Sunday, 29 July 2012

One singular sensation

Musical –

A Chorus Line
Producer/Company –
Tim Lawson
Venue –
Her Majesty’s Theatre, Melbourne
Date and time –
Thursday, 23 February 2012, 8pm
Sunday, 4 March 2012, 2pm

For many years, ‘A Chorus Line’ held the record as the longest-running Broadway show ever, and it still sits high in that top ten. This production was part of an Australian tour, and was based on the revival, which is still playing in New York.

This show is also one of the few major musicals – then and now – that limits its reliance on theatrical gimmicks. The tag line for ‘A Chorus Line’ is: ‘Seventeen dancers. Eight spots. One dream.’ As such, the heart of this show is the dancing, which illuminates a clutch of memorable songs, interwoven through a series of touching, memorable stories.

‘A Chorus Line’ is a true Broadway legend, in that the stories featured in this show are based upon real accounts provided by performers, given during the formative workshop phase of this show in 1974. As such, the narrative is somewhat unconventional. The overarching plot is framed in the work that the characters undertake for the director/choreographer, to determine who will be chosen for the chorus of a forthcoming Broadway musical. The flow of the piece is well maintained, though, through a series of character vignettes, which endears the characters to the audience whilst still giving the show momentum.

The strength of this production lay in what arguably may be one of the strongest ensembles you will see in musical theatre in Australia. Everyone on the stage was a true ‘triple threat’: performers equally skilled in dancing, singing and acting. While it’s true that musical theatre cast members in Australia today need to be well-honed in all facets of performance, this show requires the adeptness of an all-rounder, and the audience was not disappointed in this regard.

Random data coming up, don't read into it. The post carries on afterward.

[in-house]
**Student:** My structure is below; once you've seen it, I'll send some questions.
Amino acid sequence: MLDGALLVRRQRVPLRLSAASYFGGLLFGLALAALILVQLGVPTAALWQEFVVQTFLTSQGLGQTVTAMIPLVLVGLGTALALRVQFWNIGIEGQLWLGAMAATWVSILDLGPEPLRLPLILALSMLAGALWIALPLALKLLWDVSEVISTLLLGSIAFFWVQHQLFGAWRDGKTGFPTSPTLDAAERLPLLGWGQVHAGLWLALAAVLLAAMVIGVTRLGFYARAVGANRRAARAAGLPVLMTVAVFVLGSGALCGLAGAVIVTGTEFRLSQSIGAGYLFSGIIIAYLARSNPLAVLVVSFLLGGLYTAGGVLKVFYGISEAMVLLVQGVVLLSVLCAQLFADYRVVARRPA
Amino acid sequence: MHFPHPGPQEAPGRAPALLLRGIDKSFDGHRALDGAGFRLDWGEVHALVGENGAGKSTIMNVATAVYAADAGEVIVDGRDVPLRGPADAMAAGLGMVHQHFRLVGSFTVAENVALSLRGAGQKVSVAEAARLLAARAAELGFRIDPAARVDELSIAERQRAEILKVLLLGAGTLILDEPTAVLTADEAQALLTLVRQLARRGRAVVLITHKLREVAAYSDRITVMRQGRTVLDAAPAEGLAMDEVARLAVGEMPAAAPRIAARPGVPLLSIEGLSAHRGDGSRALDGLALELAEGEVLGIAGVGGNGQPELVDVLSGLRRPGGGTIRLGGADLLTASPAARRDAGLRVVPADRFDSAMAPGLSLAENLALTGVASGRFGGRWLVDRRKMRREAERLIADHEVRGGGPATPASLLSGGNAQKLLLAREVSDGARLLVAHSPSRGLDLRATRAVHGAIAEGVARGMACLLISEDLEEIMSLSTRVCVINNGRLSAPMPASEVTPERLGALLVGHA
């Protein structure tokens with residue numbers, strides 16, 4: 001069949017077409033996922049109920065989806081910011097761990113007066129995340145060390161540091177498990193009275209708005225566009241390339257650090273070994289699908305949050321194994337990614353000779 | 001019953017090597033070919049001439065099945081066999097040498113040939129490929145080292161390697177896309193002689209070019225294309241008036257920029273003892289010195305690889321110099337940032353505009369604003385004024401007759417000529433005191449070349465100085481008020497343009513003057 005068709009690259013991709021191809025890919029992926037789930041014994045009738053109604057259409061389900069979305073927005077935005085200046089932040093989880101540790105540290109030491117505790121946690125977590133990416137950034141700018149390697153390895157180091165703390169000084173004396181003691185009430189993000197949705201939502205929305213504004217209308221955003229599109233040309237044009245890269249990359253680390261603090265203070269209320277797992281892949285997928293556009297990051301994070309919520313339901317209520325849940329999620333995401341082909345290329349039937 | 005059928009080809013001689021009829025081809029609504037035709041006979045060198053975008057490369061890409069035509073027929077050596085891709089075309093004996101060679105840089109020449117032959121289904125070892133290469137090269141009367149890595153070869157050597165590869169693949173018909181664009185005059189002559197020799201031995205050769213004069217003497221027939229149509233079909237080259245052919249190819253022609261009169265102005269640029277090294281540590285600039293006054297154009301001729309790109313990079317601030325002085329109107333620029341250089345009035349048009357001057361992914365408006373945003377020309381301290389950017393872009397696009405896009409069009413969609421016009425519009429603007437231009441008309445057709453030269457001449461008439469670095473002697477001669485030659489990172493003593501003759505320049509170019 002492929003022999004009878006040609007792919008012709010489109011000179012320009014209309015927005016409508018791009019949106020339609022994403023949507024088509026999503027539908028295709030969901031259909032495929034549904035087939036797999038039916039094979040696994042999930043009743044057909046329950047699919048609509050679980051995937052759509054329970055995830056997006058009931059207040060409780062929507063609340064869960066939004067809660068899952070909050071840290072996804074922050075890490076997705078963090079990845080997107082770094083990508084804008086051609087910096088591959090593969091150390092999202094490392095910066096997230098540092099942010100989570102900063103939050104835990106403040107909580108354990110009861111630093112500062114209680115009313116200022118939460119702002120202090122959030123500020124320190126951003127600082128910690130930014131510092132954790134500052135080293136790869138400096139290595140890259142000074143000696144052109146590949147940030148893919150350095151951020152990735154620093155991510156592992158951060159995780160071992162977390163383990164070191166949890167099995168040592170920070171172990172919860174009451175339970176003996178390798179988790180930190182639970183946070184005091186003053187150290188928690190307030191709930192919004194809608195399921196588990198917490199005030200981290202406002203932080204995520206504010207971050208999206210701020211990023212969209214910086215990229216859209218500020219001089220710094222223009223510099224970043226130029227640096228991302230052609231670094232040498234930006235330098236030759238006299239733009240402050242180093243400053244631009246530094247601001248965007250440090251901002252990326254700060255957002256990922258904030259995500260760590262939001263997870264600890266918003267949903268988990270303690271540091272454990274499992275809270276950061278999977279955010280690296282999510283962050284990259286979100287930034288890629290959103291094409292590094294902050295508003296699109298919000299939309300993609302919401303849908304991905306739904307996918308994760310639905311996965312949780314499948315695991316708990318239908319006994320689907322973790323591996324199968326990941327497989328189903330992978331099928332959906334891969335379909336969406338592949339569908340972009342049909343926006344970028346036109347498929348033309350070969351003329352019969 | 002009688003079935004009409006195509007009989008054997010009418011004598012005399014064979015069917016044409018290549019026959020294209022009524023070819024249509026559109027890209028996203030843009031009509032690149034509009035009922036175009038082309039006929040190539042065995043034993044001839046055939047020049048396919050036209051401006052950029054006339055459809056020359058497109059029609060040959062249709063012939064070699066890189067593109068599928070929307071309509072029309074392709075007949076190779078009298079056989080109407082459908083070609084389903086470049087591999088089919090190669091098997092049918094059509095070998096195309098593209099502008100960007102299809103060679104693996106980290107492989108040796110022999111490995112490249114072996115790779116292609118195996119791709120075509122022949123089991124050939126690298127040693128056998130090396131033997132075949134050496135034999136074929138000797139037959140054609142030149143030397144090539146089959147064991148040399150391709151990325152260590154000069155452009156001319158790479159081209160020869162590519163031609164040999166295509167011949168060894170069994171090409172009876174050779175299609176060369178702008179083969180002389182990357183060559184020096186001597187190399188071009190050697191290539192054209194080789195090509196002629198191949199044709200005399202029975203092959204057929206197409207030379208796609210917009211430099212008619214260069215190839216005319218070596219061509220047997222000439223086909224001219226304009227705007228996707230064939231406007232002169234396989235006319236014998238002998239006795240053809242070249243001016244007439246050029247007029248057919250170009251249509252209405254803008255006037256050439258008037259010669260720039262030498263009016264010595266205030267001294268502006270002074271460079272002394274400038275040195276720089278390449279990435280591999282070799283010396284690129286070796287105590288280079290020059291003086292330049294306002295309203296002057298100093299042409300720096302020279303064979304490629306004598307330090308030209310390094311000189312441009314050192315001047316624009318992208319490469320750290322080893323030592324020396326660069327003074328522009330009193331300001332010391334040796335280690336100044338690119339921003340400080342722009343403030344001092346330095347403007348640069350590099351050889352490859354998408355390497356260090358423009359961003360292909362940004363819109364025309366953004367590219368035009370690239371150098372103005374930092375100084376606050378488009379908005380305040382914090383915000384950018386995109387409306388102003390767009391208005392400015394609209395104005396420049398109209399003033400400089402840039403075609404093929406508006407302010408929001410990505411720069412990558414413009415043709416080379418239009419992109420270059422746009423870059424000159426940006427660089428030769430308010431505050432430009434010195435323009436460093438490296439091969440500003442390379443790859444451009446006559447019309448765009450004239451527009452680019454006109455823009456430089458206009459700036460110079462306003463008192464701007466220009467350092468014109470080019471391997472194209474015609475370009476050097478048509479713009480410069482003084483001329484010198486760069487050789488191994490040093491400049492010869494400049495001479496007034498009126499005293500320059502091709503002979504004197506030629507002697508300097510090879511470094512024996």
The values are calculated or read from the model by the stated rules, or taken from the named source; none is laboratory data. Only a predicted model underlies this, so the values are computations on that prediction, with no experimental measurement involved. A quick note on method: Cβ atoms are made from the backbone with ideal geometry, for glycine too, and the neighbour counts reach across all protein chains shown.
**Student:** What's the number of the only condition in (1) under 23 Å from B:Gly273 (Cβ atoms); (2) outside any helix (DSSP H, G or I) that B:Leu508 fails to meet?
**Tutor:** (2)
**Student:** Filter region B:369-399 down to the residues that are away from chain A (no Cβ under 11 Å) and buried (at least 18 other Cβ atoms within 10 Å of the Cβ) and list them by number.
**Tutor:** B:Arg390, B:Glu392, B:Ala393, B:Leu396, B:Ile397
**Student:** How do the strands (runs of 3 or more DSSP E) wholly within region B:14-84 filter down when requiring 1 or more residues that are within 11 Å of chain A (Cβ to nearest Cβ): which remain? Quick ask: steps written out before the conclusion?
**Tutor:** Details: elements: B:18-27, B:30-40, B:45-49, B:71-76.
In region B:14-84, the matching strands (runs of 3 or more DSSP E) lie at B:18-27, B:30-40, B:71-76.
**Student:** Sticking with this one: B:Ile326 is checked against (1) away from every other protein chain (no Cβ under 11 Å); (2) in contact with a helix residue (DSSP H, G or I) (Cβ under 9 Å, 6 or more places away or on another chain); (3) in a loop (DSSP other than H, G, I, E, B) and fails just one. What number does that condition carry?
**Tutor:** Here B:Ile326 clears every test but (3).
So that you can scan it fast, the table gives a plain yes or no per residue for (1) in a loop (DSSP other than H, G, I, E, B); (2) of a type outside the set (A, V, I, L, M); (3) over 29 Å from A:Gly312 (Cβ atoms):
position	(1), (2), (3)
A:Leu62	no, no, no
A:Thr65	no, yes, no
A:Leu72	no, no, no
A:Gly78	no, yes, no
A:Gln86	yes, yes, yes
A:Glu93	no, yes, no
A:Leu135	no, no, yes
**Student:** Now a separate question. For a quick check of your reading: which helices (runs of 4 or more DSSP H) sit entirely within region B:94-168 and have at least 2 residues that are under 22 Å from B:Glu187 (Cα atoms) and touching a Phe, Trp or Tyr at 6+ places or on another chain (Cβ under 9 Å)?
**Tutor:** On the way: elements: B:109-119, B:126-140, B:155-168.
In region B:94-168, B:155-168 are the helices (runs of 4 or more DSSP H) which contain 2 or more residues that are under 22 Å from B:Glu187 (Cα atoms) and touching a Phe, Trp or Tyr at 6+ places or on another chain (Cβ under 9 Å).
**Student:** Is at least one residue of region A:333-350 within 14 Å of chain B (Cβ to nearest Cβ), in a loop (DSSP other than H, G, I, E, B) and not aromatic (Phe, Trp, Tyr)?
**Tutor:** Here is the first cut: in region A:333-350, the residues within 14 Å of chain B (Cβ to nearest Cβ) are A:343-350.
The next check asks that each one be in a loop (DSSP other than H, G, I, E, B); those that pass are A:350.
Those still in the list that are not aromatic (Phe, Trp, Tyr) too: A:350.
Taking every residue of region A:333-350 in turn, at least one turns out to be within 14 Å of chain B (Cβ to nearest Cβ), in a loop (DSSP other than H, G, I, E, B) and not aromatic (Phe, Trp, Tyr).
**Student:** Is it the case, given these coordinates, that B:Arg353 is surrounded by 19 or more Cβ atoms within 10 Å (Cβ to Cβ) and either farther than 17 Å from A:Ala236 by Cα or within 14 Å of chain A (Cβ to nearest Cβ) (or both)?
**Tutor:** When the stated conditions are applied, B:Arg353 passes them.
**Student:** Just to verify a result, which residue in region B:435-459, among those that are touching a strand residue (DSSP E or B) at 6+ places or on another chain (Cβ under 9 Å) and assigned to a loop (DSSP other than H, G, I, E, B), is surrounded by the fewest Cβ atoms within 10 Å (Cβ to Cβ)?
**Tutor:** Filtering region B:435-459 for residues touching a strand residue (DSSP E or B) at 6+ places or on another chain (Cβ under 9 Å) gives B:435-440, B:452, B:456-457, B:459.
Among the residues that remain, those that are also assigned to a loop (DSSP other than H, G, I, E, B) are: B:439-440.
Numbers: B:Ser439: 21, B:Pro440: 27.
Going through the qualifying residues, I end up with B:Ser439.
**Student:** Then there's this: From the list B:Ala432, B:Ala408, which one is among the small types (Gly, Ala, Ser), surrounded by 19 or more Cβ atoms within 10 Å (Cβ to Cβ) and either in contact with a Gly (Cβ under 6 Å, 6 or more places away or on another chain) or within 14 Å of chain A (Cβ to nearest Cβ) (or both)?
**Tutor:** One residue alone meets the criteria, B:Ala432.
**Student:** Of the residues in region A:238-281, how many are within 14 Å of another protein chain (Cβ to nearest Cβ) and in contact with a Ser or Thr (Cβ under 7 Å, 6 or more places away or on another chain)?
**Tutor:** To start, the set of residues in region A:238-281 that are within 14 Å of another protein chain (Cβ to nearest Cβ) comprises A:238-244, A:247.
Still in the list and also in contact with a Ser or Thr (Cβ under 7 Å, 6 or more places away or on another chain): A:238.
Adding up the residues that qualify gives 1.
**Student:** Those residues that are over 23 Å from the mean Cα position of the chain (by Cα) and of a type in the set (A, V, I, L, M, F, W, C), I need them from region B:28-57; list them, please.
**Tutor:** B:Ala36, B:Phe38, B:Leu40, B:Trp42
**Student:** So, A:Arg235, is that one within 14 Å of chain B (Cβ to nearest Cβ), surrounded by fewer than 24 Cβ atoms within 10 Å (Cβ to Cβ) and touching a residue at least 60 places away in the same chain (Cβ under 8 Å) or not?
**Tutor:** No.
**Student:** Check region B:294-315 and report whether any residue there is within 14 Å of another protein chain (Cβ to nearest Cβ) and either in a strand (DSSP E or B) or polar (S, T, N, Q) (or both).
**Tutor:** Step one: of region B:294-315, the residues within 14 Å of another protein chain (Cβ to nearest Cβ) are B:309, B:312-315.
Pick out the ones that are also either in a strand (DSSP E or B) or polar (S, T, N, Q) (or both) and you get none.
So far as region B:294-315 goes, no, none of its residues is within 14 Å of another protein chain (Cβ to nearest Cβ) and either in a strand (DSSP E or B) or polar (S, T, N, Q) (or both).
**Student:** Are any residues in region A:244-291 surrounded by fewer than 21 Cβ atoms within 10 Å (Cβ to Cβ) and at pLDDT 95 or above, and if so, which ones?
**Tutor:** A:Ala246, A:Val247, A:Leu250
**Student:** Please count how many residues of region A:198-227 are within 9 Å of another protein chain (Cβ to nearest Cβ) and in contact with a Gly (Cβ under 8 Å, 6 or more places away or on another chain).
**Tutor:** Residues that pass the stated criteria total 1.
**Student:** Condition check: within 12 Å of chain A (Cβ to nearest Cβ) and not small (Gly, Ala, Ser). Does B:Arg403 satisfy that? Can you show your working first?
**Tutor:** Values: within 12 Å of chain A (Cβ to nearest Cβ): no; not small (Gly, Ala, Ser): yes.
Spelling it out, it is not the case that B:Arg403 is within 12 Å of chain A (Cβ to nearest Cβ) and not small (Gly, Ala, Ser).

I was fortunate to see ‘A Chorus Line’ twice, and the high calibre of the performers was obvious both times. In the first viewing, there were some unfortunate microphone sound issues for two of the performers. Such was their skill, though, that they were able work to overcome the problems, simply by singing to the back wall of the theatre, as performers used to in the ‘olden days’ before the introduction of amplified sound. In the second viewing, one of the swings played the role of ‘Greg’. Again, such was the quality of the performer, and of the ensemble, that their integration into the show was seamless, and you would have assumed him a regular cast member.

Several performance highlights in this production included: Anita Louise Combe’s turn as ‘Cassie, particularly for her work in ‘The Music and the Mirror’; Hayley Winch as ‘Val’, who gave us the laugh-out-loud ‘tits and ass’ number, ‘Dance: Ten; Looks: Three’; and, Euan Doidge, whose wonderfully nuanced portrayal of ‘Paul’ left many of the audience misty-eyed. Indeed, I could extol the virtues of the whole cast of ‘A Chorus Line’, such was the strength of their work. And they all made the dancing look effortless, although we all know differently.

Exhaustingly excellent
(The Abusicals two-word summary is, of course, tongue-in-cheek.)

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